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Charlie Morton returns, but Pirates lose 10-0

Justin K. Aller

Well, they don't get much worse than that. Matt Cain and the Giants' bullpen three-hit the Pirates, and San Francisco managed 17 hits of its own while drubbing the Pirates 10-0.

Charlie Morton allowed four runs, two earned, over five innings, mostly because he allowed a ton of baserunners. The underlying stats (five strikeouts, one walk, six ground ball outs) were fine, but he hit three batters and allowed seven hits. He did throw fairly hard, as advertised, and with good movement, and I'm comfortable sending him out there again -- not that the Pirates really have a choice.

"It's his first time out," Clint Hurdle said. "It's not going to be a hard curve for me to grade him on right now."

Morton took a similarly long view of his first start of the season.

"I wasn't looking for this start to validate what I'd gone through in rehab," he said. "It's part of the process, a long process. We're talking a year.

"I wish it had gone better, but I think I can take quite a few positives from it."

Morton expressed confidence in his curveball.

"I think the action on the pitch was good, and I think overall, the location of the piece was really good," Morton said, while acknowledging that he hit two batters with the curve.

The fifth was a bizarre inning for Morton. The Bucs were already down 2-0, and Morton hit Brandon Crawford with one out, then allowed a ground-rule double to Buster Posey. Then Hunter Pence hit a grounder to second, and Neil Walker threw home, getting Crawford in a rundown. The Pirates weren't very crisp on the rundown, but they did get Crawford, or at least it seemed so until Crawford was awarded home plate as Pedro Alvarez was called for interference. Replays showed that both Crawford and Alvarez were way outside the basepath at the time and that Alvarez only cut back toward the basepath to get out of Crawford's way, but hey. Morton then hit another batter and allowed a sacrifice fly, and it was 4-0 before the Pirates had even gotten their first hit.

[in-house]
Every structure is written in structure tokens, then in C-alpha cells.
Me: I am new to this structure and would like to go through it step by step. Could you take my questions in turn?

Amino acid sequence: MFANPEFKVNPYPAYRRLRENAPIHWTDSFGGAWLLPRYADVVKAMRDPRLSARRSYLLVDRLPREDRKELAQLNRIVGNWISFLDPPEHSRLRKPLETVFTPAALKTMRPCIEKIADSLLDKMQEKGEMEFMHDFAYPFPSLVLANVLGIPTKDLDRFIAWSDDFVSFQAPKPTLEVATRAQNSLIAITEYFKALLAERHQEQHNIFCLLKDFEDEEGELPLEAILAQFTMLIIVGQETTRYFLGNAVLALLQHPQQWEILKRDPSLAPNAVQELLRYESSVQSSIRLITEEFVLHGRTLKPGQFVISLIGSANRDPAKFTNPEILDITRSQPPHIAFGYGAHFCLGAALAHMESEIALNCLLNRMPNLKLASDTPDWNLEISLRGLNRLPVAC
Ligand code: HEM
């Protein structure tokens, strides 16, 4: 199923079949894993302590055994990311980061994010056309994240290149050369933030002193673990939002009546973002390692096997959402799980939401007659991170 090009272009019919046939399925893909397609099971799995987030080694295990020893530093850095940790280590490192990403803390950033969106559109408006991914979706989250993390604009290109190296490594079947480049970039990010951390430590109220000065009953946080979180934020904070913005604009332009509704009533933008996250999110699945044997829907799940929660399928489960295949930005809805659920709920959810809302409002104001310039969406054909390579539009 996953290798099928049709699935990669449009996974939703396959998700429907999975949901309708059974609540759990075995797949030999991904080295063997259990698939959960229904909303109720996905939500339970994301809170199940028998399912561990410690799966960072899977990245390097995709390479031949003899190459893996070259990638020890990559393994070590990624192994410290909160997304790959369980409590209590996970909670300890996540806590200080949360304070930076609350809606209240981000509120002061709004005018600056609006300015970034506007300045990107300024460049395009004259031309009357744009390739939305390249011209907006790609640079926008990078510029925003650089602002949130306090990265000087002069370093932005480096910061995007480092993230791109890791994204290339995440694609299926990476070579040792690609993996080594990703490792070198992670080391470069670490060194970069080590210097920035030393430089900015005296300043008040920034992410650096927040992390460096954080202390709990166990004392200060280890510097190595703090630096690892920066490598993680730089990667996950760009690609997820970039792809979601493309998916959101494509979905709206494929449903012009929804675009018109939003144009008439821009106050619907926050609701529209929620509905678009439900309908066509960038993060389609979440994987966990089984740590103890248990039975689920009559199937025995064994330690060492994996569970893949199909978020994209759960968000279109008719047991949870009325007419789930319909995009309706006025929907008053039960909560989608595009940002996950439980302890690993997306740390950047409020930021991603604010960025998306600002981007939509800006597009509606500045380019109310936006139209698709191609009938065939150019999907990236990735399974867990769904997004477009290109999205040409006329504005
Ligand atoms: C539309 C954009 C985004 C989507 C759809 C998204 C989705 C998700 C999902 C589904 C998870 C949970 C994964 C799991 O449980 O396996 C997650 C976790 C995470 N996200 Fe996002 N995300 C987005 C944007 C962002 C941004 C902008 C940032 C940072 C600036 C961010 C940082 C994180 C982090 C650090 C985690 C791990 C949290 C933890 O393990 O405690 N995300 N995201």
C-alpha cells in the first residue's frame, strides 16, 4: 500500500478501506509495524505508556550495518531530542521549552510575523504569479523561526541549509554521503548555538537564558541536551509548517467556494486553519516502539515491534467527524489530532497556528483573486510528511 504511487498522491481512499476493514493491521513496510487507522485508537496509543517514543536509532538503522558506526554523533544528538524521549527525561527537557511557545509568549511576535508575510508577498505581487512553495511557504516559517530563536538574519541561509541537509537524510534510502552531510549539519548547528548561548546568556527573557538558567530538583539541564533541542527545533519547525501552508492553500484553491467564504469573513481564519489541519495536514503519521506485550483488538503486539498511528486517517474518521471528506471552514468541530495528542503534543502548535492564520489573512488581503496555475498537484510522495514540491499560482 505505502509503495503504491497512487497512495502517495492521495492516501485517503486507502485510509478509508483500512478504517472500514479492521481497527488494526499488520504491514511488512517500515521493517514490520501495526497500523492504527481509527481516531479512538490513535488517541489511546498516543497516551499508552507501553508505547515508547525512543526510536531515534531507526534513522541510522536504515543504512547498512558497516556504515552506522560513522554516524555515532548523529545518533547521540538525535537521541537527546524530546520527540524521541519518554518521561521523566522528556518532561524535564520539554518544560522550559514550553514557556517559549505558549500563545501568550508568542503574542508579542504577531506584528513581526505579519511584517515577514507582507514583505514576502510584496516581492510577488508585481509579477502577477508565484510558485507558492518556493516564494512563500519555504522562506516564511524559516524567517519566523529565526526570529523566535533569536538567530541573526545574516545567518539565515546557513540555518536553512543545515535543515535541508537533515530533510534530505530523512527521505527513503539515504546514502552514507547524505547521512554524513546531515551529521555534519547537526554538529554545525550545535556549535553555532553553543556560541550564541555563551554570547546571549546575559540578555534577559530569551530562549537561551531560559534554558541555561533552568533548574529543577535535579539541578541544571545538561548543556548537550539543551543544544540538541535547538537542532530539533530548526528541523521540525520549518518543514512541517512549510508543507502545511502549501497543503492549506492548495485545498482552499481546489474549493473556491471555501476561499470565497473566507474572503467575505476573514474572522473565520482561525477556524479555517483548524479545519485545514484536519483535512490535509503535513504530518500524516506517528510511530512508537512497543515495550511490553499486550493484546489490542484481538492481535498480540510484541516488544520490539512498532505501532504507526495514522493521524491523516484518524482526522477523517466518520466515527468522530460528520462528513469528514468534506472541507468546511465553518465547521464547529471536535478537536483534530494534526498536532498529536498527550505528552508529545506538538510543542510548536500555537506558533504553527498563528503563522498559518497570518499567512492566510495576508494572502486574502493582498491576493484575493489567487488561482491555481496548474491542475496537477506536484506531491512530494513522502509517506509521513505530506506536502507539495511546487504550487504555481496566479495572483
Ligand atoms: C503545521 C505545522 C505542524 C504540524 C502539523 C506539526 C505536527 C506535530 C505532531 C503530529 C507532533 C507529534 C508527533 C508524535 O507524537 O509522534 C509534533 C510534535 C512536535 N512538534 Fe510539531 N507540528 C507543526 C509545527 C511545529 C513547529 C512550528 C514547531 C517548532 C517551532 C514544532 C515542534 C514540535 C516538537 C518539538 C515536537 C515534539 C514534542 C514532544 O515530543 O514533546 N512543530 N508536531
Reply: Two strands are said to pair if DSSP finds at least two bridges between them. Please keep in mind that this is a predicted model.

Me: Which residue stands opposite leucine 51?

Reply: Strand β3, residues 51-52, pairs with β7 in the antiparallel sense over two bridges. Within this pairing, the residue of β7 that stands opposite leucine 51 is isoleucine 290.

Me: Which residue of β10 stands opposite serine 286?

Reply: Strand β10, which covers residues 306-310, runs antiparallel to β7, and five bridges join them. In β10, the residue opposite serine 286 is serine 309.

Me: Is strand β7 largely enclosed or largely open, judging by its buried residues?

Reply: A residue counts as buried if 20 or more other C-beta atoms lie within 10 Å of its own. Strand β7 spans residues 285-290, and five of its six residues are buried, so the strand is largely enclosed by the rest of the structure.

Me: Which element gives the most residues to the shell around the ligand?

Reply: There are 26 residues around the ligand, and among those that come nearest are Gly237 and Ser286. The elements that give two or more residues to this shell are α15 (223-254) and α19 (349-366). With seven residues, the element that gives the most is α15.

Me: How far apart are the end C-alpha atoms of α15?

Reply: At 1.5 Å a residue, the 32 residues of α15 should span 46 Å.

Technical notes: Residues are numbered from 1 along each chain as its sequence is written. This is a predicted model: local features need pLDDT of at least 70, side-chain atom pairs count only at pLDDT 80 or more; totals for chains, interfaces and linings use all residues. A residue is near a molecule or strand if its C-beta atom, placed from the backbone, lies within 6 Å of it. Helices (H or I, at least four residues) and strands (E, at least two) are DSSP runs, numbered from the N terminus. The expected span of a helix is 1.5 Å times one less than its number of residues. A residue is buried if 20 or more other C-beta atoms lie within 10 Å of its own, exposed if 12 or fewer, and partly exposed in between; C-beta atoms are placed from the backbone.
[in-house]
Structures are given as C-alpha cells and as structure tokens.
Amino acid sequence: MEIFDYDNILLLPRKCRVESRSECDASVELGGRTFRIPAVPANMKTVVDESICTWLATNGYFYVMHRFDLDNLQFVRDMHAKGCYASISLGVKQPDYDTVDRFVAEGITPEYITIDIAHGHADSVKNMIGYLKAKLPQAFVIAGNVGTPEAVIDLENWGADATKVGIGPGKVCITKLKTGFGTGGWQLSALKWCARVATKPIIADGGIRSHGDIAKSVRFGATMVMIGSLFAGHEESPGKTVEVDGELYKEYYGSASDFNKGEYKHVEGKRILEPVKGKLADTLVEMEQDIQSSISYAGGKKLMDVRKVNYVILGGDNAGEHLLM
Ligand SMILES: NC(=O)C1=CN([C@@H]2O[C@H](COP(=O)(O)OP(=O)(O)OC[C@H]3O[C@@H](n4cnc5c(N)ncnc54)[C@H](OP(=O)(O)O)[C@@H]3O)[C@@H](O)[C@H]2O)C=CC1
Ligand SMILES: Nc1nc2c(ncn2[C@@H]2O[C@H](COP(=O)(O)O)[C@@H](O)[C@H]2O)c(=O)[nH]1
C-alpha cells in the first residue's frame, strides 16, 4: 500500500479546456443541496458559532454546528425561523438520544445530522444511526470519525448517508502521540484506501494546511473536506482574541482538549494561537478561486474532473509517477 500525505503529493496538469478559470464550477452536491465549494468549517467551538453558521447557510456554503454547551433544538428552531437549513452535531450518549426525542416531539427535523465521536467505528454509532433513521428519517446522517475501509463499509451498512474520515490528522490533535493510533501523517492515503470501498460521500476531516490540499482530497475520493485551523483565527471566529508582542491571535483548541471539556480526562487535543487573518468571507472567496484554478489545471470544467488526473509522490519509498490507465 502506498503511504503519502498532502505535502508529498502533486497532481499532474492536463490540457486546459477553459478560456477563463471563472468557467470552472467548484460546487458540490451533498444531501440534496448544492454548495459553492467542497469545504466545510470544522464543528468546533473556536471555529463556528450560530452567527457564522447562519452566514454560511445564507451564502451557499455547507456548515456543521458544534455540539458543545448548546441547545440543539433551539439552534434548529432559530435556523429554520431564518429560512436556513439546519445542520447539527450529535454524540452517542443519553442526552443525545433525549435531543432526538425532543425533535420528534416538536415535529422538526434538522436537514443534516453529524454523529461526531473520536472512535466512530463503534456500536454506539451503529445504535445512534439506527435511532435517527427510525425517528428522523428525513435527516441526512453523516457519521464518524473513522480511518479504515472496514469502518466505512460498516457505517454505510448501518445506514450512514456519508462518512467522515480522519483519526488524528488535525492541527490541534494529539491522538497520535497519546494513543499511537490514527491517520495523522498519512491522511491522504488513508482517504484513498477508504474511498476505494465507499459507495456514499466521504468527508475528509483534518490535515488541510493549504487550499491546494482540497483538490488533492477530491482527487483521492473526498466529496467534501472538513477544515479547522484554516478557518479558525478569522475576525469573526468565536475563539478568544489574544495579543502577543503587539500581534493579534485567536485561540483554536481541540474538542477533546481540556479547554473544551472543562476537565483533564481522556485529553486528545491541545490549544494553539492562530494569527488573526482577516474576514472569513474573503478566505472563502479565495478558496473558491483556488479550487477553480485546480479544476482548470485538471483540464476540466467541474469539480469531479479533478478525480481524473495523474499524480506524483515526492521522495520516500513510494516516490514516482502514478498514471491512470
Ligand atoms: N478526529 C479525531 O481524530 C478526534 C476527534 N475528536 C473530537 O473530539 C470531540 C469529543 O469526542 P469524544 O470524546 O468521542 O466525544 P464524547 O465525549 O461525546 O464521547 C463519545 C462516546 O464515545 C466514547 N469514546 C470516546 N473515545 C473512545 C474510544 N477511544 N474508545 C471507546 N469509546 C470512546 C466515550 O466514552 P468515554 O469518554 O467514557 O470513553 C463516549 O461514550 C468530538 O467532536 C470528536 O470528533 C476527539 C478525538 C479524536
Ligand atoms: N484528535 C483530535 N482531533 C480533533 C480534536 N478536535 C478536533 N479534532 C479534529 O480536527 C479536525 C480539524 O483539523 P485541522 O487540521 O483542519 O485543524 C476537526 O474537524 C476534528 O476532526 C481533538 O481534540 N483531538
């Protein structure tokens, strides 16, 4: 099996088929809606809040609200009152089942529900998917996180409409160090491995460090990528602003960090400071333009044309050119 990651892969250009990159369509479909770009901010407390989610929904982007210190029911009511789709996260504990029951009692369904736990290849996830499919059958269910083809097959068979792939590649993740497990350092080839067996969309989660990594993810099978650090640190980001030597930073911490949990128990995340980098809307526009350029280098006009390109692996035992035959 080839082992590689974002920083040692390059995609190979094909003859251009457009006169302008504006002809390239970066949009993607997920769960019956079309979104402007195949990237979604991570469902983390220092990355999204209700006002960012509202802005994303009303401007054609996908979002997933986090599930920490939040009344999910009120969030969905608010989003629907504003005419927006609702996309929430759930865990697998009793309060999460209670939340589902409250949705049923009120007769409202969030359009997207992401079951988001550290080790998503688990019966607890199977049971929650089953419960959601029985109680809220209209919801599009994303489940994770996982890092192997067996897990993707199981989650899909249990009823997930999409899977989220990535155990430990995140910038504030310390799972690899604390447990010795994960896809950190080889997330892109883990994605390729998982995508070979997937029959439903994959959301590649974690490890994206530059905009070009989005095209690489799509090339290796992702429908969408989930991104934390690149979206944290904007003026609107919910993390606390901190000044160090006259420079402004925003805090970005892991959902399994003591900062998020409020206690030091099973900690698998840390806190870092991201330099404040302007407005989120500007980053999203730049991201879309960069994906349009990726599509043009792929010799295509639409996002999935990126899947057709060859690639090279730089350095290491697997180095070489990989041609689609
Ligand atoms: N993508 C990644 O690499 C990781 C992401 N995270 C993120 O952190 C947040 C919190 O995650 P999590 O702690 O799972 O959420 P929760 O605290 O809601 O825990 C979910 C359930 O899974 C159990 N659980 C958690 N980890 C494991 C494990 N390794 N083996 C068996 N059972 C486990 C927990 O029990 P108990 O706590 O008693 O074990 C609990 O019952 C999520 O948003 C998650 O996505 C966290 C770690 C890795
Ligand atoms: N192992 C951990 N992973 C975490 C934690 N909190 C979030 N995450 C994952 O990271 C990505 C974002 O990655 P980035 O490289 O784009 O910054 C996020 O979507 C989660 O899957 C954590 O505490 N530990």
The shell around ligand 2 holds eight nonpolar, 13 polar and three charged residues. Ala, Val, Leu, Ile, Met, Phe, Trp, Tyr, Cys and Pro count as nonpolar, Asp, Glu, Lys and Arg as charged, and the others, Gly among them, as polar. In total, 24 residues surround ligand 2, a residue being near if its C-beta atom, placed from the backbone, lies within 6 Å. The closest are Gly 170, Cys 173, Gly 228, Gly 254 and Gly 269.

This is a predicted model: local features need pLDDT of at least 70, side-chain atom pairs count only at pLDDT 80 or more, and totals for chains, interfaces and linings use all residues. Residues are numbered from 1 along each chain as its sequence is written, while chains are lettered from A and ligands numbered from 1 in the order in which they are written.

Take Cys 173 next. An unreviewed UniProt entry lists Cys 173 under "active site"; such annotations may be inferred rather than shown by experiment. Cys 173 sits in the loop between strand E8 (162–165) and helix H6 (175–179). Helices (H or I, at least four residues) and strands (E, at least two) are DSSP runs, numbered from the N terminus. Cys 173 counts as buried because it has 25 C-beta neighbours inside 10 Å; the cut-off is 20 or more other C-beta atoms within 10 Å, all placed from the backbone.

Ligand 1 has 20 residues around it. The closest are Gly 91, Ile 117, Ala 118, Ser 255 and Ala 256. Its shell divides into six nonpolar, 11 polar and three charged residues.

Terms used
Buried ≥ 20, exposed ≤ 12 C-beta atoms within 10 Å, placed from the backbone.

And then it was ... Mike Zagurski time, baby! Zagurski pitched the sixth and was allowed to gas-can it up, allowing five runs. You can't really blame Clint Hurdle for that, of course -- it was garbage time, and the Pirates badly needed someone to take some innings, what with everything that's going on in their rotation. As it stood, Zagurski only took one before Ryan Reid came in. Nothing especially interesting happened after that, except that Vin Mazzaro pitched the ninth because Zagurski couldn't get through two innings. My guess is that Zagurski has pitched his last game for the Pirates. Oh, and it wasn't a very good game for Michael McKenry, either, as the Giants had their way with him on the bases.

David Manel contributed to this post.